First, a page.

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Friday, June 12, 2015

Things I Learned Today

By Jan Pease

 What do you call a book that is fun to read, looks like a picture book, but is full of information?  Great nonfiction, and that is what these new books have in common.  They are nonfiction books that masquerade as picture books.

“Do you have any books about honey badgers?” asked a young patron. Now we do, a  book from the series, “Bad to the Bone: Nastiest Animals.” The title of the book is “Honey Badgers,” and it was written by Marie Roesser.   If I thought about them at all, I thought of them as a cuter cousin of our own American badger.  I learned that while they are from the same family as otters, badgers,  weasels, martins, and polecats,  Mustelidae, honey badgers have their own  subfamily, Mellivorinae.  Their scientific name is Mellivora capensis.  Their main predators are lions, leopards, and man.  They are fearless, and will stand their ground against a lion or leopard.  Some people hunt them for meat, but it is said that they don’t taste very good.   This is an unusual animal, which is  beginning to be threatened in Africa, India, and the Arabian Peninsula.

Today I also learned that famous children’s author Kathleen Krull was fired from a part-time library job when she was fifteen.  The reason?  She was reading too much while she was supposed to be working. She writes award-winning nonfiction books about interesting people, and her new series, “Women Who Broke the Rules,” gives readers a glimpse into some interesting lives.  The first three books in the series are about writer Judy Blume, Supreme Court judge Sonia Sotomayor, and incredible guide Sacajawea.  Ms. Krull has an easy, breezy style but includes a lot of information.  Each book includes an index, list of sources, and websites for further reading.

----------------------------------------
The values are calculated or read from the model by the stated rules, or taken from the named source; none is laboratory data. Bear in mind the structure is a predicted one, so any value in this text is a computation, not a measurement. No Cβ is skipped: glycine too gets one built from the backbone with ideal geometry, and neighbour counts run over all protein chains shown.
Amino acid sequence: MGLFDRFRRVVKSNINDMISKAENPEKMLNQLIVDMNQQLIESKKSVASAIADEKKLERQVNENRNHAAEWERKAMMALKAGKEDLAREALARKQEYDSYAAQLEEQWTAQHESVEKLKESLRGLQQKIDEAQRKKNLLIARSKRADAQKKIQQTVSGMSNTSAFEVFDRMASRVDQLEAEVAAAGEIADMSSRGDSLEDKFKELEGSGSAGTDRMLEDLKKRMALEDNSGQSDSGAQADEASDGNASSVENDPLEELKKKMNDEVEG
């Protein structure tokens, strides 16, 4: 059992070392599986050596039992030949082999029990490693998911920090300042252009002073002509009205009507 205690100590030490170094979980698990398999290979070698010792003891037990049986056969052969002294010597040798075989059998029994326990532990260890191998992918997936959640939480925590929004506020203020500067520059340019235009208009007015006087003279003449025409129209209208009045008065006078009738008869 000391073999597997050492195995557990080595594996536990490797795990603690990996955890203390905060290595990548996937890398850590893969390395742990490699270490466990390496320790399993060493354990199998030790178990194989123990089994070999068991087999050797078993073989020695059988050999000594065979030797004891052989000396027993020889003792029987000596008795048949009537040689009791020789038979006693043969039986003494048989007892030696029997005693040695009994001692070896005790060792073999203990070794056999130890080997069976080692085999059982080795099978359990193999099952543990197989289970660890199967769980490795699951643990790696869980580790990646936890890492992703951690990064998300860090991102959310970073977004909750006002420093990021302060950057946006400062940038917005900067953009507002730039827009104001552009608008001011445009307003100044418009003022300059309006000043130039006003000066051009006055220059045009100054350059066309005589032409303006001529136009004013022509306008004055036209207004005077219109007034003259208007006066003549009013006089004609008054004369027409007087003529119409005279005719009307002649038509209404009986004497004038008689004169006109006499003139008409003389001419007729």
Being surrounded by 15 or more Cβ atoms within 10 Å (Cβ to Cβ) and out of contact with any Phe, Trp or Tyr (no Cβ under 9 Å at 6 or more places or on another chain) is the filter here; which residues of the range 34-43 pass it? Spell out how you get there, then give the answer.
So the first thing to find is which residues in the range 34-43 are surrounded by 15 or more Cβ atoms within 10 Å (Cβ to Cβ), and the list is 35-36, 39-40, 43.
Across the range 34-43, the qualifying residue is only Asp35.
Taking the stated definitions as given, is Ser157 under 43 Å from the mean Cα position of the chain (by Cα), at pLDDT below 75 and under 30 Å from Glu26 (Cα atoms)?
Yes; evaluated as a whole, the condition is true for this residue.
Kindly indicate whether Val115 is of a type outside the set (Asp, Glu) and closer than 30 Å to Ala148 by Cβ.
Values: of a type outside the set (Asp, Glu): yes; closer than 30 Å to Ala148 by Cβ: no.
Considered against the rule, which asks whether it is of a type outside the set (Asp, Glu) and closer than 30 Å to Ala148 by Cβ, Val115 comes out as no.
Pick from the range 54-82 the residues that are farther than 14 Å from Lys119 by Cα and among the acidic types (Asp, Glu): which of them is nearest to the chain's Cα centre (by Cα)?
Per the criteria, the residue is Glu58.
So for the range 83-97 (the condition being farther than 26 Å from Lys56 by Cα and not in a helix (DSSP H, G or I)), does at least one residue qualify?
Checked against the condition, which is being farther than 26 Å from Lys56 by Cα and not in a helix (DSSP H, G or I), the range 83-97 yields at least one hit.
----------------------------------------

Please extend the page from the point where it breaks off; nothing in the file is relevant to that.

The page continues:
Today I also learned about fractals, which didn’t exist as a concept until 1975.  I still can’t say I understand them, but I love the word.  Sarah C. Campbell  and her husband, Richard C. Campbell have written and illustrated a book titles, “Mysterious Patterns: Finding Fractals in Nature.”    The afterword in the book was written by Michael Frame, a mathematician who worked with the late Benoit Mandelbrot, the inventor of the word, “fractal,” who developed the theory of fractals in nature.   Mr. Mandelbrot thought in shapes and liked to find connections between ideas.  He realized that the things he had been studying were made up of little parts that looked like the whole thing.  An example could be a head of broccoli, a tree, or lightning.  At first other scientists ignored his work, but now many scientists have realized that people can build things the same way nature does.  Mr. Frame says that Harry Potter’s invisibility cloak would have been made of fractals.  Now that’s a reason to study math!
Stephanie Roth Sisson has illustrated more than sixty books for children,  but now has written and illustrated  her own  book, “Star Stuff: Carl Sagan and the Mysteries of the Cosmos.”   You may
remember his television series, “Cosmos,” which is available on dvd through Pioneerland Library System.  His imagination was limitless; his statement that “the Earth and every living thing are made of star stuff,” has led many young people to investigate space and beyond. Today I was reminded  that the Voyager Spacecraft, which was one of Mr. Sagan’s projects, left our solar system in September 2013 and is still traveling among the stars.  Incredible.